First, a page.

News Room

Stories from the field: School nursing in the Jefferson County area

Tuesday, May 4, 2010

Over the past two decades the field of school nursing has transformed from providing Band-Aids and ice packs to much more complicated tasks such as administering insulin, monitoring asthma, changing catheters and helping students recover from chemotherapy among other tasks. In addition, the number of children on psychotropic medication for mental health conditions has risen, pregnant teens are remaining in school and food allergies have more than doubled. With all of these changes, it is no wonder that highly skilled and well-trained nurses are present in schools and serving as a primary resource for students, administration and parents.

May 12 is National School Nurses Day, part of National Nurses Week, and to mark the occasion Fort HealthCare school nurses are sharing some of their stories from the field to help the community understand what their profession is all about. Their contributions are shown below.

“A third grade student has given me a hug every time she sees me, whether it be in the health room, hallway or classroom. She visits the health room very frequently and I have taken care of her during several of her visits throughout the years. One day she was walking down the hallway toward me when another student asked me if I was a nurse. I told her that, yes, I was a nurse when the third grader stopped in her tracks and said, ‘You’re a nurse? Here I thought you were just a doctor!’ Kids say the most wonderful things.” – From Lisa Jensen, RN, BSN, Fort Atkinson School District

“Last summer I was at a local hardware store when a young employee came up to me and said, ‘Hi, Nurse Hoffman. I’m sure you don’t remember me but you were my school nurse when I was in elementary school. I always came to your office with migraine headaches and just want to thank you for taking such good care of me. You always believed me when I said that I had a headache.’ Then he gave me a hug. Knowing that I have made a difference in a student’s life is the greatest reward of my job. To me, it’s priceless. I am so proud to be a school nurse.” From Diana Hoffman RN, BSN, NCSN, Whitewater Unified School District

“A second grader failed the vision screening during the fall. Because finances were an issue, I worked with her family to get funding through a local non-profit organization so the child could go to the eye doctor. When she returned to school with her new glasses, she asked the teacher if she could visit me. She walked into the health room and proclaimed, ‘I love my new glasses and I can even see the board now!’ It is amazing to get the kind of feedback that children provide; it’s one of the best parts of this job.” From Barb Bendall, RN, BSN, Deerfield and Marshall School Districts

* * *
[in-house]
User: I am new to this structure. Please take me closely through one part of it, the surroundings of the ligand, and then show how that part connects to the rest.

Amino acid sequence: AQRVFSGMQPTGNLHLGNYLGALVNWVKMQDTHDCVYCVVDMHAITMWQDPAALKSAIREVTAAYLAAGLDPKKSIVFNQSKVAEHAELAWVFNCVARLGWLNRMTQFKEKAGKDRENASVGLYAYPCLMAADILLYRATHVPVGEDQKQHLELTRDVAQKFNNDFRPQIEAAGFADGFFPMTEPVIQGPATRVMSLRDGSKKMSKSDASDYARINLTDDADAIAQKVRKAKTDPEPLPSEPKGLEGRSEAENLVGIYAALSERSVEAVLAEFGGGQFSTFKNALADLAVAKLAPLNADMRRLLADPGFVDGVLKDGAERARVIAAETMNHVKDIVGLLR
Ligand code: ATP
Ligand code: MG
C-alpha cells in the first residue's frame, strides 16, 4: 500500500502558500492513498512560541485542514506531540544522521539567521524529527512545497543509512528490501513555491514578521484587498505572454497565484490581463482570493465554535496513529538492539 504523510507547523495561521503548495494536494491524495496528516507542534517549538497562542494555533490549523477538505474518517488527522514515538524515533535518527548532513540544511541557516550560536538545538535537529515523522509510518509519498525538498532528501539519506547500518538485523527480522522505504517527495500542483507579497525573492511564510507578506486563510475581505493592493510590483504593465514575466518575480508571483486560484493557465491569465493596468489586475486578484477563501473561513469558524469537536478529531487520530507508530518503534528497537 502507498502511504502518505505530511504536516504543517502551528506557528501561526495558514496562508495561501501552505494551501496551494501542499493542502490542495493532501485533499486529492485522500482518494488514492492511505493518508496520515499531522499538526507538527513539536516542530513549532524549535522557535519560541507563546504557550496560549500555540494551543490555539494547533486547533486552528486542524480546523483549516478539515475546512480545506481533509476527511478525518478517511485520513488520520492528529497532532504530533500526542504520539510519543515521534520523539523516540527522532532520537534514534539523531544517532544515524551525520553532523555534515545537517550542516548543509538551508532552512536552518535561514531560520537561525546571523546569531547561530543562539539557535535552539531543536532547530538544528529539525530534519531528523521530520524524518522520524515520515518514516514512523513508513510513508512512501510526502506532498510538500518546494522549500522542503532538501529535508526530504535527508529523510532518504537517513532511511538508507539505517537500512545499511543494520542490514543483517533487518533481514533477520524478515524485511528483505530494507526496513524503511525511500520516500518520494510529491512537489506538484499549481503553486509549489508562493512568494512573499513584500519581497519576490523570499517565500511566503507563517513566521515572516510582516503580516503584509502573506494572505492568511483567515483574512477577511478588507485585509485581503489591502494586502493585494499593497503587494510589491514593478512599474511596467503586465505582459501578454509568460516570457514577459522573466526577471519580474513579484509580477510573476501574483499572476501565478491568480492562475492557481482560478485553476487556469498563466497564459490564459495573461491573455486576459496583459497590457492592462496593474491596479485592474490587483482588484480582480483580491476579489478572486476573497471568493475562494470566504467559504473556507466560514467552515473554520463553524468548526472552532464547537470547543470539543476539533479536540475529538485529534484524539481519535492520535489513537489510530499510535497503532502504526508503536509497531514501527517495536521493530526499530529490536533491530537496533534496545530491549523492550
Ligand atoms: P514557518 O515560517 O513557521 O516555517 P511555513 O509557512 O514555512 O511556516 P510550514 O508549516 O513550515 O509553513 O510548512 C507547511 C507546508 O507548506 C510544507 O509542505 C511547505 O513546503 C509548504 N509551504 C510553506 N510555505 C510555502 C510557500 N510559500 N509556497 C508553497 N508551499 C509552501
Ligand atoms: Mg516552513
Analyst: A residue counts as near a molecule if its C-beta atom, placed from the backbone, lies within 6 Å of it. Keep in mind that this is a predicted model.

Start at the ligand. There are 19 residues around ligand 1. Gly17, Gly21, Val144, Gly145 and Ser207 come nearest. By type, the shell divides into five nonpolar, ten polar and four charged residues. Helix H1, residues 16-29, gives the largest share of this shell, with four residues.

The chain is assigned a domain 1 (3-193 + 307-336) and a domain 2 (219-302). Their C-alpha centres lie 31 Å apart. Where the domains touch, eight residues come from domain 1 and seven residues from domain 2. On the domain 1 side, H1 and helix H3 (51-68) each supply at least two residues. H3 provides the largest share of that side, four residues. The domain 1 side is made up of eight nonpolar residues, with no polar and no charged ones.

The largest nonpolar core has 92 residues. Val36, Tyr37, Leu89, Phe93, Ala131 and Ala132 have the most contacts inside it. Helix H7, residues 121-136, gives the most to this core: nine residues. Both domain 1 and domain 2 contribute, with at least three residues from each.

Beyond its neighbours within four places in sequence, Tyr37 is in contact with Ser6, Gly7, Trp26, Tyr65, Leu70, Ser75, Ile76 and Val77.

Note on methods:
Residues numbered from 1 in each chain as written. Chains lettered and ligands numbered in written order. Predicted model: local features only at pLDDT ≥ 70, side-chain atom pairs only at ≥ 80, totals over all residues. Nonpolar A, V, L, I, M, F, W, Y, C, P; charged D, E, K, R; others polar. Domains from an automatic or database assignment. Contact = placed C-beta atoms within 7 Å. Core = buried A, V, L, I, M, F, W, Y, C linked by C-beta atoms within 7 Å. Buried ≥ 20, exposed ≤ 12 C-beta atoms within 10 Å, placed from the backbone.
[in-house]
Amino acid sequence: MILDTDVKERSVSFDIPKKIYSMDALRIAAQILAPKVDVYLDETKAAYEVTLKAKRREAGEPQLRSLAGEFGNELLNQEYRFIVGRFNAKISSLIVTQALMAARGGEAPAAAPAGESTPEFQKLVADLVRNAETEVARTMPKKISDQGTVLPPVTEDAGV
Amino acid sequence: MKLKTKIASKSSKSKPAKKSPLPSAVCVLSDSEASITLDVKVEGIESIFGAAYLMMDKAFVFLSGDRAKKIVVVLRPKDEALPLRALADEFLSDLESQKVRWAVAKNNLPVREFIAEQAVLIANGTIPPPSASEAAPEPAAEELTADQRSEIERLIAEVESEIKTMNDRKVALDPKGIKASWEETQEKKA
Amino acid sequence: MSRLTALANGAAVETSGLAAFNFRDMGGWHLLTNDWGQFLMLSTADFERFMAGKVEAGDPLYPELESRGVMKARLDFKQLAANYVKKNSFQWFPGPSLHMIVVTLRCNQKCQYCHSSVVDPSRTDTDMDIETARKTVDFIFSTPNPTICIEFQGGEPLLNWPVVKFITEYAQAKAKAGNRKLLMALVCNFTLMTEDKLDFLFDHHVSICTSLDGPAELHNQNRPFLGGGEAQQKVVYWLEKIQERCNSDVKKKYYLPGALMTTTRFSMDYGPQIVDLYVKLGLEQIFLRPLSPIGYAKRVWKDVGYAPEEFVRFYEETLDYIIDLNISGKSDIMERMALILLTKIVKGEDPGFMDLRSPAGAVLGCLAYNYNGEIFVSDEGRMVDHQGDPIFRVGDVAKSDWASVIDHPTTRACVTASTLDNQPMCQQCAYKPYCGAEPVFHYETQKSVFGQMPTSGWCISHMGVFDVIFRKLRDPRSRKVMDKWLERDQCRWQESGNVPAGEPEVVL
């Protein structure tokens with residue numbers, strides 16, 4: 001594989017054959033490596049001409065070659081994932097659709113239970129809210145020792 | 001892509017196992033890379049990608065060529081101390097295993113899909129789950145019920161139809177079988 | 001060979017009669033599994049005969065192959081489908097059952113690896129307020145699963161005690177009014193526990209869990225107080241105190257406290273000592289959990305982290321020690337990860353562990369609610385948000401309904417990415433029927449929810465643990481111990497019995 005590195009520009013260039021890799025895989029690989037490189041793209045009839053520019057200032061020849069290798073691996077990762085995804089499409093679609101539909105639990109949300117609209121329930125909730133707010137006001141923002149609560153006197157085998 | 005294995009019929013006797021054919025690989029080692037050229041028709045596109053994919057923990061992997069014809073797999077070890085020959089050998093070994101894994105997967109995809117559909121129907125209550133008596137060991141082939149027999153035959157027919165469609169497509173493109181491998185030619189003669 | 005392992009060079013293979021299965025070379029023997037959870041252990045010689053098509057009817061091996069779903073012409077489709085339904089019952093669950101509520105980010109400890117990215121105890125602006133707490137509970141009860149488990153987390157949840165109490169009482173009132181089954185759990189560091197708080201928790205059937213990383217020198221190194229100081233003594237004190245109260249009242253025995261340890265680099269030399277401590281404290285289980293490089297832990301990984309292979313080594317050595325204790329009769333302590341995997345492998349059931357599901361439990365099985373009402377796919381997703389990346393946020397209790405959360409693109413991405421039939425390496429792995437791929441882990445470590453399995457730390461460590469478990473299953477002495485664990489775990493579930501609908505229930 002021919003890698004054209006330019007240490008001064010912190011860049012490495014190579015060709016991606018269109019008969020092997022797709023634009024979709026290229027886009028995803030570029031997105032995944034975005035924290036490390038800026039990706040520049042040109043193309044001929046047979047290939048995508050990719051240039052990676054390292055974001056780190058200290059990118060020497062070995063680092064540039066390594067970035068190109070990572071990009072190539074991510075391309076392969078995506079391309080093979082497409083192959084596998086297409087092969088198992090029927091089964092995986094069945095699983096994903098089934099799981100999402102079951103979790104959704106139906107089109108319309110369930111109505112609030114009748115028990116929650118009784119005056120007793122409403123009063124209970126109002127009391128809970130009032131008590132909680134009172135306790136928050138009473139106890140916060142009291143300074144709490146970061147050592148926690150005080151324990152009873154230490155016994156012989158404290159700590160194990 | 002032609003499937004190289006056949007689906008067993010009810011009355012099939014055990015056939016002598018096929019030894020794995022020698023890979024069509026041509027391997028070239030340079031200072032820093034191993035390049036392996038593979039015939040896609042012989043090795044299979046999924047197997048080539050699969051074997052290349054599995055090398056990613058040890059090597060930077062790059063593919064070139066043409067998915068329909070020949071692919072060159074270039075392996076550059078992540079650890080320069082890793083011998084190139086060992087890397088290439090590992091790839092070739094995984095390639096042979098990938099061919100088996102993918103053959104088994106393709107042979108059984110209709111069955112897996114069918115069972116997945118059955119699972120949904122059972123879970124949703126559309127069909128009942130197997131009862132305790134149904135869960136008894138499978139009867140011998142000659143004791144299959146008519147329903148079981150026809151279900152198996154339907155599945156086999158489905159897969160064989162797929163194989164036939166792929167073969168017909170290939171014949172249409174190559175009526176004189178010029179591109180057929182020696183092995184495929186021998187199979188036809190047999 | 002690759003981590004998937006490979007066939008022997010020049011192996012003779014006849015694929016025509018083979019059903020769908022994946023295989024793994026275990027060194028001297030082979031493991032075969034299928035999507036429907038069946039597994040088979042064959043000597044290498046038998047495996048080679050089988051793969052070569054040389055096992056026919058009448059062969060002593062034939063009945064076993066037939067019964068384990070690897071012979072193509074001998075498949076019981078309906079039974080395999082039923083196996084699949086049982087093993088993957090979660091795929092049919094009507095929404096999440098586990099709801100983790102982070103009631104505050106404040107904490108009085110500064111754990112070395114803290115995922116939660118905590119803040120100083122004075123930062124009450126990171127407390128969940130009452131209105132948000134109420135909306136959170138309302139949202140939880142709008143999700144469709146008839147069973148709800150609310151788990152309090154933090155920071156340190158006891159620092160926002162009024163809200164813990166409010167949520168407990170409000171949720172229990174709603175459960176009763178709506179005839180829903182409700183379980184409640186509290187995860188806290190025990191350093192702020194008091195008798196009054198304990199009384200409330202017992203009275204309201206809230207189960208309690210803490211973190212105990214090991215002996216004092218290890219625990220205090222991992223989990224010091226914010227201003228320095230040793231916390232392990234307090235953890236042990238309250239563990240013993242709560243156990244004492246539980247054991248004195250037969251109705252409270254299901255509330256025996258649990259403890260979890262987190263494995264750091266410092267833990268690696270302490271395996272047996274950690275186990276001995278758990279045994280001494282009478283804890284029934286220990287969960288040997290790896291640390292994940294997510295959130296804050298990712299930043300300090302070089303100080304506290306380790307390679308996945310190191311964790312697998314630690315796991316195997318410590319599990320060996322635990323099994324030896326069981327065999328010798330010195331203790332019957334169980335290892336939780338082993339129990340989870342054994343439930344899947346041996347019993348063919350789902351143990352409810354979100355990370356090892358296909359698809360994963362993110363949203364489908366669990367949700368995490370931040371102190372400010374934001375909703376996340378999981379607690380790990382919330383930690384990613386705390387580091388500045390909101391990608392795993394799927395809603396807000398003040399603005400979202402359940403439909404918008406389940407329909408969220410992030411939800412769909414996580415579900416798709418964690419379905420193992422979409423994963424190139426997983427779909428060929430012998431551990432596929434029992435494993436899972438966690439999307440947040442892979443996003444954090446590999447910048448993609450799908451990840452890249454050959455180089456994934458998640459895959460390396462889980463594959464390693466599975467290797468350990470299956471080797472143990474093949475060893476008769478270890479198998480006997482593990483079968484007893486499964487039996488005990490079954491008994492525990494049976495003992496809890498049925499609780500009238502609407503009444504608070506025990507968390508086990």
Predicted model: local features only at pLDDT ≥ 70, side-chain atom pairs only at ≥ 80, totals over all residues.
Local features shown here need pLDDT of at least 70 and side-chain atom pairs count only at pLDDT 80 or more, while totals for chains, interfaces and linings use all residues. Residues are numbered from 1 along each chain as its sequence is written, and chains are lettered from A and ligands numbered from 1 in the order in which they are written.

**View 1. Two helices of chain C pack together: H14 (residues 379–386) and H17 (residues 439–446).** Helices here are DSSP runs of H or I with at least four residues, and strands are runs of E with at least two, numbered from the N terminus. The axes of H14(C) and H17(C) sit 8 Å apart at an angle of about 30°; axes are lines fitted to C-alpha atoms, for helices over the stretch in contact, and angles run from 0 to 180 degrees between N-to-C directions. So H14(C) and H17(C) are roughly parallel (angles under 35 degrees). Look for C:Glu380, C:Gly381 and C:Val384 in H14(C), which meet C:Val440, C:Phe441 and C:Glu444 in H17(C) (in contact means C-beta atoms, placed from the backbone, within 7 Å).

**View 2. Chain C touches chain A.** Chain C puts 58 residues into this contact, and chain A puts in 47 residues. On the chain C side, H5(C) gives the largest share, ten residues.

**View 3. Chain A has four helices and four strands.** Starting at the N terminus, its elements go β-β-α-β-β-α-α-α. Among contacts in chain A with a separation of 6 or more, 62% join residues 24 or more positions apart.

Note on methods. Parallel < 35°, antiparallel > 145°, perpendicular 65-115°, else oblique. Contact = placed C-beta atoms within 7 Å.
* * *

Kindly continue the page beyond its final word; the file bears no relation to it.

“My favorite story is about a parent who called me after watching a school board meeting, where I presented my annual report, that was televised on local cable. She said she watched my entire presentation and was so surprised with all of the responsibilities a school nurse had. She said she had no idea that the district had so many students that required care plans, emergency medications and special health related needs adding that her own child has health concerns and she was so thankful that these services are provided in the schools. Conversations like these are what make this job so rewarding. Of course, we all love the cards, notes, and drawings that the kids leave on our desks, too!” From Sarah Borchert, RN, BA, Waterloo School District

These stories are only a sampling of the dozens each school nurse has to share. As student needs continue to change, so will the role of school nurses. For that reason, it is vital that school nurses be well educated and knowledgeable about a variety of health issues and conditions. Fort HealthCare’s School Nurses Program prides itself on providing top quality care to the children of our districts.

Fort HealthCare school nurses are Mary Hunt, RN, BSN for Cambridge Schools, Diana Hoffman, RN, BSN for Whitewater Schools, Lisa Jensen, RN, BSN for Fort Atkinson Schools, Toni Zastrow, RN, BSN for Lake Mills Schools, Lynn Zaspel, RN, BSN for Jefferson Schools, Sarah Borchert, RN, BA for Waterloo Schools and Barb Bendall, RN, BSN for Deerfield and Marshall Schools.
Students, visit Facebook.com/FortHealthCare to leave a message of appreciation to your school’s nurse during May and you will receive a free gift. To learn more about nursing at Fort HealthCare, visit FortHealthCare.com.
 

 

Caption:
Front (L to R): Lisa Jensen, RN, BSN – Fort Atkinson Schools and Fort HealthCare School Nurse Coordinator, Mary Hunt, RN, BSN – Cambridge Schools, Jenny Pfeiffer, student nurse UW-Madison School of Nursing Intern – Whitewater Schools, Diana Hoffman RN, BSN – Whitewater Schools, Rosi Berger, RN, BSN Fort HealthCare School Nurse Manager.

Back (L to R): Toni Zastrow, RN, BSN – Lake Mills Schools, Lynn Zaspel, RN, BSN – Jefferson Schools, Sarah Borchert, RN, BA – Waterloo Schools, Natalee Lales, student nurse UW Madison School of Nursing Intern – Jefferson Schools.

Missing: Barb Bendall, RN, BSN – Deerfield and Marshall Schools
 

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